The Wolves in the Walls

October 31, 2018
Subheader: 

Great book, just not for the younger crowd.

Review: 

I'm really confused by this book. I'm kind of of two minds about this book. Part of me says it's terrifying for small children, and part of me says that it's gorgeous and meaningful, which I guess is par for the course for anything having to do with Neil Gaiman. I've read some of his novels and I always come away completely baffled, and his stories and graphic novels involve unexplainable and horrific things happening. He's the guy who wrote Coraline, for heaven's sake. One one had, this is the kind of thing that children can easily get nightmares from. On the other hand, it's really well written. But I absolutely hated the book Animal Farm, but I could totally tell that George Orwell was an awesome author. Execution: 100%. It's just that the idea is way more disturbing than I think most children would be comfortable with, unless they're the kind of kids who are totally into like scaring the pants off themselves. I guess there are children like that. But definitely not for preschoolers, though. My kid already has enough trouble sleeping. I don't need him to be afraid of "wolves in the walls." And the surreal style of the illustrations definitely doesn't help, because it's too realistic. It's abstractly realistic, done in mixed-media, and it's gorgeous. The writing is top-notch, the art is amazing, and it actually has a pretty good message to it, but the way that it goes about getting there is needlessly creepy.

There's a girl named Lucy who lives in a house with her mother, father, and brother. Her father plays the tuba for a living. Her mother apparently also has a job (which you would probably need if one parent only plays the tuba). Lucy hears noises in the walls. She tells her mother, 'There's wolves in the walls. I can hear them.' Her mother says, 'No, that's probably mice,' adding, "If the wolves come out of the walls, then it's all over." Lucy says, "What's all over!?" Her mother says, "It. Everybody knows that." Over the next few days, Lucy hears the wolves at night when she's trying to sleep, and tells her father and brother, both of whom dismiss it and repeat the dire warning about 'it' being 'all over.' The noise increases each night, until one night, there are no noises, and then the wolves come out of the walls. The whole family runs, saying, 'It's all over!' and then they stop in the garden at the bottom of the hill by their house. The wolves stay in the house, eating their food and dancing and watching TV and stuff. Lucy has forgotten her toy pig puppet. The family discusses where they should go live (the Arctic Circle, Sahara Desert, outer space).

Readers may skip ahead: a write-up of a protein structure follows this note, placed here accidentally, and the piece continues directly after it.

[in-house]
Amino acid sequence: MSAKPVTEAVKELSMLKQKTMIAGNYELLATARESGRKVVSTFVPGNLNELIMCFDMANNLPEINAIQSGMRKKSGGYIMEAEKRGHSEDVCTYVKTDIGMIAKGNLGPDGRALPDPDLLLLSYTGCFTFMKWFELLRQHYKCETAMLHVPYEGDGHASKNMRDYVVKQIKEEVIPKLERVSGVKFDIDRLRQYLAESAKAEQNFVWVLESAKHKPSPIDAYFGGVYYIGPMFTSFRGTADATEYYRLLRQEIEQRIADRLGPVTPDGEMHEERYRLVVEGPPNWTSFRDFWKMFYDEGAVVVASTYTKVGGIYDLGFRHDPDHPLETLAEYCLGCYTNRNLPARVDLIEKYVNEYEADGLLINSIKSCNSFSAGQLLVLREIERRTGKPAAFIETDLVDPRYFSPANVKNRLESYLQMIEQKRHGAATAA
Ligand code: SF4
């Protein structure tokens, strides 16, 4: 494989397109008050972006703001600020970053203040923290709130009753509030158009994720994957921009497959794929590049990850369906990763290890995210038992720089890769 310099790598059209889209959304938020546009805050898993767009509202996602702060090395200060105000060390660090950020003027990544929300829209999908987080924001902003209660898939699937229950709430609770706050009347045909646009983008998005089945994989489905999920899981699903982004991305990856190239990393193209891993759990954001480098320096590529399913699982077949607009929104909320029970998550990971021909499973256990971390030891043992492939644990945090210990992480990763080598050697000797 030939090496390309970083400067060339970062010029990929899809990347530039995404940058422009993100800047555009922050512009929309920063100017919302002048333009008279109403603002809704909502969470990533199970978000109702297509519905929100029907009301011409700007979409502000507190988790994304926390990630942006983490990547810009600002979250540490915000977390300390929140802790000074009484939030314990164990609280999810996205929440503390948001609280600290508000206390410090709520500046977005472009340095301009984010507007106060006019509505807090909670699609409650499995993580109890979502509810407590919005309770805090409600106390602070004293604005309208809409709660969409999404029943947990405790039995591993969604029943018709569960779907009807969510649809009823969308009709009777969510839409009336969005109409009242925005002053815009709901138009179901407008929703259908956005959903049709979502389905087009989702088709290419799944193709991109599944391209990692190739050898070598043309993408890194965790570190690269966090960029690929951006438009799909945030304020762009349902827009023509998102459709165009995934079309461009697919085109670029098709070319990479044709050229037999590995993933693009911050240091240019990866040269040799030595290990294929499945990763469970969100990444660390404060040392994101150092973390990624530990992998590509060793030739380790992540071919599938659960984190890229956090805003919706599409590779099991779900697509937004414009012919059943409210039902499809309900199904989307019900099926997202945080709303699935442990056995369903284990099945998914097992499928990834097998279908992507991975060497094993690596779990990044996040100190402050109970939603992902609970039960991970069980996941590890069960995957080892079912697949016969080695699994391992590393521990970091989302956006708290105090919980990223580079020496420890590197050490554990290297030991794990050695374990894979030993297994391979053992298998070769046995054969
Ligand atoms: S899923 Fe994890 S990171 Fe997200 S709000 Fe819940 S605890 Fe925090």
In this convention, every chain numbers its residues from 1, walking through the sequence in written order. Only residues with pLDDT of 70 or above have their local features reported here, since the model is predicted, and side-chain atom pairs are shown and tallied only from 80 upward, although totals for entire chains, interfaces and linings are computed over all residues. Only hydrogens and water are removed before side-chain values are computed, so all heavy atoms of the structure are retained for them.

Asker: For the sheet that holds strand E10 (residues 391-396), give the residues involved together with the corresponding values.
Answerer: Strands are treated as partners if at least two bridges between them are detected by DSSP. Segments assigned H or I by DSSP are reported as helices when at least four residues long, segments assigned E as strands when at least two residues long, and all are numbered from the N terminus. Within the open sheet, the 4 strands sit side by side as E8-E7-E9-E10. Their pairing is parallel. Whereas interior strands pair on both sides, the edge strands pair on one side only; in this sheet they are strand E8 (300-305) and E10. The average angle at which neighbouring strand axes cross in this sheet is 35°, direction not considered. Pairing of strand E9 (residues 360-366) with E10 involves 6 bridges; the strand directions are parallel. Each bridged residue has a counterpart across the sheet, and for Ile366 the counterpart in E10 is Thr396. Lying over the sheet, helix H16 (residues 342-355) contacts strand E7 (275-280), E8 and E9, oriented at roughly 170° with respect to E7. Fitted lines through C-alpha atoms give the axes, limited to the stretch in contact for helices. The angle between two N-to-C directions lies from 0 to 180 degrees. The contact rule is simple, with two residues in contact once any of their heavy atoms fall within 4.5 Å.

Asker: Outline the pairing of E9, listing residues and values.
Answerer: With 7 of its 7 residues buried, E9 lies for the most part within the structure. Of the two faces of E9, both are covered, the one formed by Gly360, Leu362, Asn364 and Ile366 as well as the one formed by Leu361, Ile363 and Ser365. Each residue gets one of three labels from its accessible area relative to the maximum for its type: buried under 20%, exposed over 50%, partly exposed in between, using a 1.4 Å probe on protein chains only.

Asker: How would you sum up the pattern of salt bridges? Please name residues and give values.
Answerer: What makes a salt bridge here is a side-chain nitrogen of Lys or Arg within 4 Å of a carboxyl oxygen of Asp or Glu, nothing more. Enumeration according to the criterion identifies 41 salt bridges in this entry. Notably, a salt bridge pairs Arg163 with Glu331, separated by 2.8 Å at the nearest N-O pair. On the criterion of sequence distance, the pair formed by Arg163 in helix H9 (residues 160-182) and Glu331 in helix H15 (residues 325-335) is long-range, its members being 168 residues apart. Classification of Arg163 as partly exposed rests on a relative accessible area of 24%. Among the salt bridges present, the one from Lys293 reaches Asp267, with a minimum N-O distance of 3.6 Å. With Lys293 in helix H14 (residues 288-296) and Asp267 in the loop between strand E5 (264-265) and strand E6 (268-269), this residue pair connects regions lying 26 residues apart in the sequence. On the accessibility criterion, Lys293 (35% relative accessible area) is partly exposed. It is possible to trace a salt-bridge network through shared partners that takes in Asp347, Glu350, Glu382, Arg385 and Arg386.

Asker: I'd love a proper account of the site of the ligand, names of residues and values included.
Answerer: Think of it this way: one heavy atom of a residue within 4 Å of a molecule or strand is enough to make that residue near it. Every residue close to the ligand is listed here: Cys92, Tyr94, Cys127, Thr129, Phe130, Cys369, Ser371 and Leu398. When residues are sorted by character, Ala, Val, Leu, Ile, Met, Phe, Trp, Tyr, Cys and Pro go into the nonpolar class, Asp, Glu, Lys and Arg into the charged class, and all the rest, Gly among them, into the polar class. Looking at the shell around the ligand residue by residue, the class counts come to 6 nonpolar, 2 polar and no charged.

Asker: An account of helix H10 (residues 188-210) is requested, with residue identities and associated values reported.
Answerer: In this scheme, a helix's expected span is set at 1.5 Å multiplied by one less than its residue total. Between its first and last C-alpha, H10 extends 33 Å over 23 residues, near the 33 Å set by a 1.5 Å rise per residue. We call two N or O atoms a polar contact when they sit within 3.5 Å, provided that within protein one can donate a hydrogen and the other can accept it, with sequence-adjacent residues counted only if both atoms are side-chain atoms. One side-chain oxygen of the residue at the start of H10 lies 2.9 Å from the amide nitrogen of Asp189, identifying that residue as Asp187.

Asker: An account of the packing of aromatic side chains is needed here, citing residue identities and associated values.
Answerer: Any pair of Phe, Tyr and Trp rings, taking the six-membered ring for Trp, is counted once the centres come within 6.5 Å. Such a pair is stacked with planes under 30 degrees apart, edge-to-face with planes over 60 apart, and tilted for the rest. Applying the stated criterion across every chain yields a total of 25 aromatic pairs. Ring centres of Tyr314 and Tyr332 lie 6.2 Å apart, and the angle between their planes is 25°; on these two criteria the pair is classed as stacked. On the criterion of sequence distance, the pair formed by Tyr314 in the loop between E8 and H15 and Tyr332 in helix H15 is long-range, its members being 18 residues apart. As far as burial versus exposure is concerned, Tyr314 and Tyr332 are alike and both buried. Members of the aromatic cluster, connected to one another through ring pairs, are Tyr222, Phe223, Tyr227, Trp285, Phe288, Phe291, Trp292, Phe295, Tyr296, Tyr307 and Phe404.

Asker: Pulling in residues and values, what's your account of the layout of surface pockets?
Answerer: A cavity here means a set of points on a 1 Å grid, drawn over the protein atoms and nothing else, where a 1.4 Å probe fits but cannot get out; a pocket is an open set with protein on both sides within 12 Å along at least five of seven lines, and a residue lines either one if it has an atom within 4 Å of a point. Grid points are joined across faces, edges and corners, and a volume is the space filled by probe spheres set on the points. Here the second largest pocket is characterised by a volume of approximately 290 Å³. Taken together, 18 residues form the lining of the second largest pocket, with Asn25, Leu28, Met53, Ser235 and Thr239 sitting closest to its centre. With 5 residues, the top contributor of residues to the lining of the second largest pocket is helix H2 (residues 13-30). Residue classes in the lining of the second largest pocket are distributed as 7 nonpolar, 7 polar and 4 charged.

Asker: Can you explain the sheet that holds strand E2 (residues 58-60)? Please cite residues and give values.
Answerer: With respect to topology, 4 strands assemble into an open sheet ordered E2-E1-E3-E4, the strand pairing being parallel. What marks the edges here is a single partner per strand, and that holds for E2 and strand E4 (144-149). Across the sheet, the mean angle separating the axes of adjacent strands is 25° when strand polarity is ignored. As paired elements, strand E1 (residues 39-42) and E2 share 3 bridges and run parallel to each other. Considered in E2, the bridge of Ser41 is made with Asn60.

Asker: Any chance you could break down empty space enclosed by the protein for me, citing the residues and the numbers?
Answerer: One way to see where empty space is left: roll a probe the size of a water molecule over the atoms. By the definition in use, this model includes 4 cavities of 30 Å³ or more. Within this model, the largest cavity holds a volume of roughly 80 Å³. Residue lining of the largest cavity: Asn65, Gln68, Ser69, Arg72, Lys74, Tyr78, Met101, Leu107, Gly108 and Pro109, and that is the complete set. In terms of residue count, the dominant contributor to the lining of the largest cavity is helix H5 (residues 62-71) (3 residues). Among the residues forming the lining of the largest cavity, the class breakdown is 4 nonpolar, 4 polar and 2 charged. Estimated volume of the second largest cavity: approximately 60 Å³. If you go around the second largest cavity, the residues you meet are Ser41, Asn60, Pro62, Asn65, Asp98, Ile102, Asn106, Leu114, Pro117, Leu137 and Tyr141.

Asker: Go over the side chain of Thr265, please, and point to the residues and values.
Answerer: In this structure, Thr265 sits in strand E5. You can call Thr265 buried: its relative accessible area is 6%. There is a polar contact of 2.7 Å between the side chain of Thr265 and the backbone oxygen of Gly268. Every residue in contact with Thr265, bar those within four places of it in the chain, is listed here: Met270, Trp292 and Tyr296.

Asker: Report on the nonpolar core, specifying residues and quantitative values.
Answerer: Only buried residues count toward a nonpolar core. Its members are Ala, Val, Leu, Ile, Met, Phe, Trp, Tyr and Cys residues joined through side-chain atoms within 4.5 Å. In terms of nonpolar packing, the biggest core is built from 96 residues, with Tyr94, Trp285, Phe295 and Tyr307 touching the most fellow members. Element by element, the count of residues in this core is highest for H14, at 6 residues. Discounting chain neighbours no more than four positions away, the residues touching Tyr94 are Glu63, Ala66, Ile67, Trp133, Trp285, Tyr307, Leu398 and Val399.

Lucy misses her pig puppet so much, she sneaks back into the house without telling anyone. To avoid the wolves, she goes into the walls herself (kind of phasing into it). She gets her puppet and returns to her family, and they sleep in the garden. The next day, "Lucy's mother went to work, and Lucy's brother went to school, and Lucy and her father sat down at the bottom of the garden. He practiced his tuba, and read travel brochures." Why doesn't she go to school? I'm really confused because the art makes it look like she's at least 15 years old. Maybe she's supposed to be a toddler? Maybe she's graduated high school already? Her mother comes back from work with food and they sit around a fire and talk more about where they could go live. Lucy says, "We could go back and live in our house again." Everybody says "What?" including "The Queen of Melanesia, who had dropped by to help with the gardening." Which is kind of a weird little side joke because she's actually in one or two other images, but never acknowledged elsewhere. Lucy points out that they could live in the walls, since the wolves aren't in the walls anymore, just the house. Since they're having trouble sleeping, they take her suggestion and move to the walls of their house.